The molecular detection of M. conjunctivae in the eyes of the animals included in this study was previously published [33,34], and those results were integrated in this study (data not shown) in order to assess the occurrence of ocular co-infections and possible effects on the onset of clinical signs.
To assess the differences over Chlamydiaceae detection according to the area and the animal species of study, Pearson’s Chi-squared test (χ2) was implemented using the R statistical software [35]. Statistical significance was set as p < 0.05.

Author Contributions

Conceptualization: J.R.L.-O., O.C.; Methodology: A.D.-A., N.B., X.F.A.; Project administration: J.R.L.-O.; Resources: O.C., N.B., J.R.L.-O., G.M., S.L., X.F.A.; Supervision: O.C., J.R.L.-O., X.F.A. Writing—original draft preparation: A.D.-A.; Writing—review and editing: A.D.-A., O.C., N.B., J.R.L.-O., G.M., S.L., X.F.A. All authors have read and agreed to the published version of the manuscript.


This study was funded by the research project CGL2009-11631 of the Spanish MICINN. X. Fernández Aguilar received a predoctoral grant (FI-DGR 2013) from the Generalitat de Catalunya.

Institutional Review Board Statement

No domestic or wild animals were purposely sampled for the objectives of this study, but access to samples was gained from the regular management plan for each species. Nevertheless, the animals were sampled in accordance with European legislations on animal research and international guidelines for animal welfare. [Members of the Joint Working Group on Veterinary Care: Voipio, Baneux, Gómez de Segura, Hau, & Wolfensohn, 2018]. This study was assessed by an institutional review of the Spanish MICINN for research projects (CGL2009-11631).

Informed Consent Statement

Not applicable.

Data Availability Statement

Data from a previous publication (, accessed on 23 March 2021) about Mycoplasma detection in the study samples (not shown) was used to assess co-occurrence in this article. The data generated during and/or analysed during the current study are available from the corresponding author on reasonable request.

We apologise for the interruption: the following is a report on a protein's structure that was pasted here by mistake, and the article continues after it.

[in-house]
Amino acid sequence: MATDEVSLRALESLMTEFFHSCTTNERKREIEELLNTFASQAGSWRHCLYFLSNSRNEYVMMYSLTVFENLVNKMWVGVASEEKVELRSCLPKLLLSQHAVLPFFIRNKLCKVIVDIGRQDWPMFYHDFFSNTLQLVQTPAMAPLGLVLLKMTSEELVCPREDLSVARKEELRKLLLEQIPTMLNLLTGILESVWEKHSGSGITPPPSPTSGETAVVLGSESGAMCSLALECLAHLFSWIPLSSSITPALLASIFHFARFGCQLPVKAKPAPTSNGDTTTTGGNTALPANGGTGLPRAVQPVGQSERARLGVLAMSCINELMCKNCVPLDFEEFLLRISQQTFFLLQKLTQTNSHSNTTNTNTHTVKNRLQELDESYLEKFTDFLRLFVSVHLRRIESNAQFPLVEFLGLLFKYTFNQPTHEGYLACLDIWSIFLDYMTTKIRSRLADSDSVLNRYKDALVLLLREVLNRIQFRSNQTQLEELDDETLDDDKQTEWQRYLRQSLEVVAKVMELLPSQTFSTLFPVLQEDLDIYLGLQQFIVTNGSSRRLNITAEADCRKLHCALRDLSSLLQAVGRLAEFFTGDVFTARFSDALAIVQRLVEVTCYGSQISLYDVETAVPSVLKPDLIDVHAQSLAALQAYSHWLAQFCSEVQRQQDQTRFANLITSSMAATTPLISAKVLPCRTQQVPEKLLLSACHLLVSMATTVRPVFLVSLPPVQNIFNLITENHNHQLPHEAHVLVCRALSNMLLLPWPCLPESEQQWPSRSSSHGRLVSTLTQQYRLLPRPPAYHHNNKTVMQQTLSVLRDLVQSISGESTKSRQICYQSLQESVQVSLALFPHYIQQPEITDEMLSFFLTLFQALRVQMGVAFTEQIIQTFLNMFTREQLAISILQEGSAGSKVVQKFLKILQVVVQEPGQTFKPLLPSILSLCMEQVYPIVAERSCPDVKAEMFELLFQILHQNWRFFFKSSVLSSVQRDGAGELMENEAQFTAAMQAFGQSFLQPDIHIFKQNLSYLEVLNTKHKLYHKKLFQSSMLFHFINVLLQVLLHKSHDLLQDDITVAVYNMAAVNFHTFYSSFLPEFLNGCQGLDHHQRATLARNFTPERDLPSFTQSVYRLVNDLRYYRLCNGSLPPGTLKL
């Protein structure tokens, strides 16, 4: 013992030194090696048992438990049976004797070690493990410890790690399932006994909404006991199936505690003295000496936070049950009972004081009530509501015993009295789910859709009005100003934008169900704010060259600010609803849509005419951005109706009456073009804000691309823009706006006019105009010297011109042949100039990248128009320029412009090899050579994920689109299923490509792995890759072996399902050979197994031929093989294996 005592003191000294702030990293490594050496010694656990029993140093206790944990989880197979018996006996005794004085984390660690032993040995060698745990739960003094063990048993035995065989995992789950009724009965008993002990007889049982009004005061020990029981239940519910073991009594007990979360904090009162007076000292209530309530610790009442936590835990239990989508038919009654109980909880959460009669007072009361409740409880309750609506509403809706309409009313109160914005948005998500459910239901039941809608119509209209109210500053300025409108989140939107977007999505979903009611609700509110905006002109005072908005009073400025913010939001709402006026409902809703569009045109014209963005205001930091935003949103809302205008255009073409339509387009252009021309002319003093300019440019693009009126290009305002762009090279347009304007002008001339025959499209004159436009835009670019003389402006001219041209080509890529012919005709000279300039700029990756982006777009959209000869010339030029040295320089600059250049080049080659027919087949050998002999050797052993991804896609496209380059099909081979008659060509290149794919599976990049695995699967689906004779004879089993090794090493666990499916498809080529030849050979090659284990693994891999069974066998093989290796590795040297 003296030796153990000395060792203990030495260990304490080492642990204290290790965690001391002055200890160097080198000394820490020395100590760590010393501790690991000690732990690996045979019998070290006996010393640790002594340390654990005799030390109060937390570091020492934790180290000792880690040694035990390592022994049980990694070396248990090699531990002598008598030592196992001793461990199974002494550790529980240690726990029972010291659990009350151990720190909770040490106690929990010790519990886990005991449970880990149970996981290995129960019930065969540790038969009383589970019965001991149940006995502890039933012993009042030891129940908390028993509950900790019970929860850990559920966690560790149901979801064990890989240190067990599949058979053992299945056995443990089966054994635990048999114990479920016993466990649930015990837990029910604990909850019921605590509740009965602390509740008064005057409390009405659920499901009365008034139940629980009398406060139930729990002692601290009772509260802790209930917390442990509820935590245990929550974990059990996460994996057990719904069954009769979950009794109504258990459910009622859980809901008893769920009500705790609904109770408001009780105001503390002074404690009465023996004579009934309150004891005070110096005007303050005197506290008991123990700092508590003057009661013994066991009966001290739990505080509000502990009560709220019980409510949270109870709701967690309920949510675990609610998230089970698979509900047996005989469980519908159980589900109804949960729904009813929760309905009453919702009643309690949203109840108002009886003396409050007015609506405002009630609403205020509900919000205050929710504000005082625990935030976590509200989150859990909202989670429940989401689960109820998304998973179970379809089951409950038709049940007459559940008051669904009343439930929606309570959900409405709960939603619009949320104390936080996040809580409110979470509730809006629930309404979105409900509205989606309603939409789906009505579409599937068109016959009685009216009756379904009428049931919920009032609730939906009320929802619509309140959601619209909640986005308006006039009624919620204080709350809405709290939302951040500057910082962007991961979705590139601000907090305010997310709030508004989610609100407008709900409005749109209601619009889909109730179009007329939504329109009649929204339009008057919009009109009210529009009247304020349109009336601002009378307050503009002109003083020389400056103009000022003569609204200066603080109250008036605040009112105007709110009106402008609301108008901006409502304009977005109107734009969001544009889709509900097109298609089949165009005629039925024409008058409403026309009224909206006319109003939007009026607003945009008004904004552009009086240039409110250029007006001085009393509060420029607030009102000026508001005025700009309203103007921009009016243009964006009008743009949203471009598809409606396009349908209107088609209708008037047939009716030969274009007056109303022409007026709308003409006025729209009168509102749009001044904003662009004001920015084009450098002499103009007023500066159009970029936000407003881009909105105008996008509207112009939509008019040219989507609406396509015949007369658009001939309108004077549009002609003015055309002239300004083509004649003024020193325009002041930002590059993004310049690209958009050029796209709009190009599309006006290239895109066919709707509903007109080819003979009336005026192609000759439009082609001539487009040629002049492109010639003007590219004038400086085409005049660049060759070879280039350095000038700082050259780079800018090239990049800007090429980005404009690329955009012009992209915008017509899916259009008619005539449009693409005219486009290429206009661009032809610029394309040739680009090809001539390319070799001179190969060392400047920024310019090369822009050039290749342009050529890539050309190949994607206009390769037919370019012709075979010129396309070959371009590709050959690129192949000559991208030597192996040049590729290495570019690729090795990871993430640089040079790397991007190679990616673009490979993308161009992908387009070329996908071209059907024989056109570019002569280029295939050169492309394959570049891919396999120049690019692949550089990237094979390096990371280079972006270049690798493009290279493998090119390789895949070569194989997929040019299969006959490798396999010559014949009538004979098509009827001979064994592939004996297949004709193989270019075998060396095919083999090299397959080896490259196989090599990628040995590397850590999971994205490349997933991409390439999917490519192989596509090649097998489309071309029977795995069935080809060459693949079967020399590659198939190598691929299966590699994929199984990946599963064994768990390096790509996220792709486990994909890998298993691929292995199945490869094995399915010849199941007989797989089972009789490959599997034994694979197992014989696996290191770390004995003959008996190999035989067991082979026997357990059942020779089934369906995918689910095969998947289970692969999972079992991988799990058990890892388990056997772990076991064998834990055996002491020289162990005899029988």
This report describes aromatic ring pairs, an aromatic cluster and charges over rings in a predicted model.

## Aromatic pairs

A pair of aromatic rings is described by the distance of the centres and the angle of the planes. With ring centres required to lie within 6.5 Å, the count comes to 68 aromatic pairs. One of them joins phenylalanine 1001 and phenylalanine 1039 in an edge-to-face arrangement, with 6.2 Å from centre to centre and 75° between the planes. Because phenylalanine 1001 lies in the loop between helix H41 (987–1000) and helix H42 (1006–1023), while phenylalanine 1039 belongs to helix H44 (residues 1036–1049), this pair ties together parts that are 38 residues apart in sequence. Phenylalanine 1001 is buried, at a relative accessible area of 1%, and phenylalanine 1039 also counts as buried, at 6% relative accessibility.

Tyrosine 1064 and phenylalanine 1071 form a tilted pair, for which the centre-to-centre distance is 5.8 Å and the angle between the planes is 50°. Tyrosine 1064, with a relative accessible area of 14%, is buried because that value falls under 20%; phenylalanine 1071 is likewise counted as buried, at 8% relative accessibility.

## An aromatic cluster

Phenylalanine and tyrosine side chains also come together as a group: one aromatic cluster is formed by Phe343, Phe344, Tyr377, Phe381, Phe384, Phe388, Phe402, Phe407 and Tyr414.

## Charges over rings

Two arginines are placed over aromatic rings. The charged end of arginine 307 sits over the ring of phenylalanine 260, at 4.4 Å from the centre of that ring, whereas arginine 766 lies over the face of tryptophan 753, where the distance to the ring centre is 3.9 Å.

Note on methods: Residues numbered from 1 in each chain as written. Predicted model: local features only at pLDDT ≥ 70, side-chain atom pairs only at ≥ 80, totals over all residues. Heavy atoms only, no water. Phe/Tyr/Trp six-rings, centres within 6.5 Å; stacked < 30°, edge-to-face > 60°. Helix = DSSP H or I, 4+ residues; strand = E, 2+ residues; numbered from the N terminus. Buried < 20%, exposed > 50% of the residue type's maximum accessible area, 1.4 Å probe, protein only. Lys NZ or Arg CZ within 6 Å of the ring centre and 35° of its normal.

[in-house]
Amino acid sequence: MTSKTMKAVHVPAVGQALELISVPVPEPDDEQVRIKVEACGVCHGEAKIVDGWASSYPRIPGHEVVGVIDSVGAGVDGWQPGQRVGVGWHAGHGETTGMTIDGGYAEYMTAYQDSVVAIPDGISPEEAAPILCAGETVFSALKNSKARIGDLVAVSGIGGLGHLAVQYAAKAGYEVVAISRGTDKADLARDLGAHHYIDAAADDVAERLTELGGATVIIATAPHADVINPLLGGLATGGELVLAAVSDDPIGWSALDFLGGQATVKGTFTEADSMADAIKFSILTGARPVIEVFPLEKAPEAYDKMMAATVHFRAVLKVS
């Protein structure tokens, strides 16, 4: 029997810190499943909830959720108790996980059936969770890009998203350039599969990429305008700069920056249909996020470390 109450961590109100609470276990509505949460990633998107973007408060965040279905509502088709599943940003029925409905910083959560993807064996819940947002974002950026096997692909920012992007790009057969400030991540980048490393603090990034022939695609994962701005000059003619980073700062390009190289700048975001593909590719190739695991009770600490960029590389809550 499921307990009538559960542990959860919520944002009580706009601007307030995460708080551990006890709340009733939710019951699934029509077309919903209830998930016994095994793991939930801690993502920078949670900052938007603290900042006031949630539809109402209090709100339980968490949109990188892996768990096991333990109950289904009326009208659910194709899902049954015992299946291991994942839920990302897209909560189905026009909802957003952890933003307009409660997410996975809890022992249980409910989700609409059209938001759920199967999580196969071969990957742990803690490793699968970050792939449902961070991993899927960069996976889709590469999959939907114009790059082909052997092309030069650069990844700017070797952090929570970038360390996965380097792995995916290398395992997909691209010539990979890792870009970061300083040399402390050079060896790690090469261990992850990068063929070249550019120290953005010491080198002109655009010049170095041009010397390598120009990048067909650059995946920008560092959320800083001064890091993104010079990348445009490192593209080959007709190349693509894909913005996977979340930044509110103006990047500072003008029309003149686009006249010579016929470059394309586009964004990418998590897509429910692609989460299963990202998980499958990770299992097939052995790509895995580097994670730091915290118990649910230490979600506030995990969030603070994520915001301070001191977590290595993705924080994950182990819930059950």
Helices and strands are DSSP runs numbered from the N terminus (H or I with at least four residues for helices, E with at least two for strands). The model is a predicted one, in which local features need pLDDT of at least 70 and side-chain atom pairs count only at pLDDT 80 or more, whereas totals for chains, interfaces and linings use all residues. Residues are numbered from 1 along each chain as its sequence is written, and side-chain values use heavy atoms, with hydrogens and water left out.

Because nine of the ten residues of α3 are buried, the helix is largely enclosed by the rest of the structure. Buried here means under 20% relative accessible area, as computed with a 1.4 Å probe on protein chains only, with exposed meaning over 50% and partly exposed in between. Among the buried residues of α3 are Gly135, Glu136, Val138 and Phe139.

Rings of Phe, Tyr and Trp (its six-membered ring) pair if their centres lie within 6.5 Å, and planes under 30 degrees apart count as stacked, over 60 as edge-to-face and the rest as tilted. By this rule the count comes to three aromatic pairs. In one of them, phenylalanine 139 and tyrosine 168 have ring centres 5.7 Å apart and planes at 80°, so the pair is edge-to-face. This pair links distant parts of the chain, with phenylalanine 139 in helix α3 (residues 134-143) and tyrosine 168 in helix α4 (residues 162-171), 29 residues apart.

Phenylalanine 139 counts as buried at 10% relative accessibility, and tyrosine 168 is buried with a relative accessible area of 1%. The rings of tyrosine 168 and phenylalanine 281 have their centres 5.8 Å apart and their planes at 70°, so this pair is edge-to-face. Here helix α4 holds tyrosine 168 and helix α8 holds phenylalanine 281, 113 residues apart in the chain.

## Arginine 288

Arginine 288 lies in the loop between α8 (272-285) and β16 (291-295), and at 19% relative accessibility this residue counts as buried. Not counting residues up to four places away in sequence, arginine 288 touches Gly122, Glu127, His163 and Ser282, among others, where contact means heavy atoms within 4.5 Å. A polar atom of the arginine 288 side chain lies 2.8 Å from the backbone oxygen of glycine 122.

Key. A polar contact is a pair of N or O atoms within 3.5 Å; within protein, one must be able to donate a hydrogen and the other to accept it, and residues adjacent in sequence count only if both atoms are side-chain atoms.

We thank Barbara Prähauser and Theresa Pesch from the Institute of Veterinary Pathology, Vetsuisse Faculty, University of Zurich for their excellent technical help.

Conflicts of Interest

The authors declare no conflict of interest.


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Table 1. Wild and Domestic Ruminants Sampled from 2009 to 2015 in the Cantabrian Mountains (Study Areas CMM and CMR) and the Eastern Pyrenees (study areas of PAP, PBM, PCD, PCU, PFS and PVA). The Sample Prevalence and the 95% Confidence Interval (CI95%) are Only Calculated for Bigger Sample Sizes (>10 Animals).
Table 1. Wild and Domestic Ruminants Sampled from 2009 to 2015 in the Cantabrian Mountains (Study Areas CMM and CMR) and the Eastern Pyrenees (study areas of PAP, PBM, PCD, PCU, PFS and PVA). The Sample Prevalence and the 95% Confidence Interval (CI95%) are Only Calculated for Bigger Sample Sizes (>10 Animals).
C. MountainsEastern PyreneesChlamydiaceae Prevalence % (Positives/Total)CI 95%
Chamois0/200/341/77 1/1920/132/2620/900.6 (4/688)0.2–1.5
Fallow deer 0/5 0.0 (0/5)NA
Iberian Ibex 0/1 0.0 (0/1)NA
Mouflon 0/1 0/37 0.0 (0/38)0.0–10.9
Red deer 0/20/40/180/100/1 0/50.0 (0/40)0.0–10.4
Roe deer 0/40/9 0/50/20/190/100.0 (0/49)0.0–8.7
Sheep 1/39 0/130/201.4 (1/72)<0.01–8.1
All species204113518207163311250.6 (5/893)0.2–1.3
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Dias-Alves, A.; Cabezón, O.; Borel, N.; López-Olvera, J.R.; Mentaberre, G.; Lavín, S.; Fernández Aguilar, X. Molecular Detection and Identification of Chlamydiaceae in the Eyes of Wild and Domestic Ruminant Hosts from Northern Spain. Pathogens 2021, 10, 383.

AMA Style

Dias-Alves A, Cabezón O, Borel N, López-Olvera JR, Mentaberre G, Lavín S, Fernández Aguilar X. Molecular Detection and Identification of Chlamydiaceae in the Eyes of Wild and Domestic Ruminant Hosts from Northern Spain. Pathogens. 2021; 10(3):383.

Chicago/Turabian Style

Dias-Alves, Andrea, Oscar Cabezón, Nicole Borel, Jorge Ramón López-Olvera, Gregorio Mentaberre, Santiago Lavín, and Xavier Fernández Aguilar. 2021. "Molecular Detection and Identification of Chlamydiaceae in the Eyes of Wild and Domestic Ruminant Hosts from Northern Spain" Pathogens 10, no. 3: 383.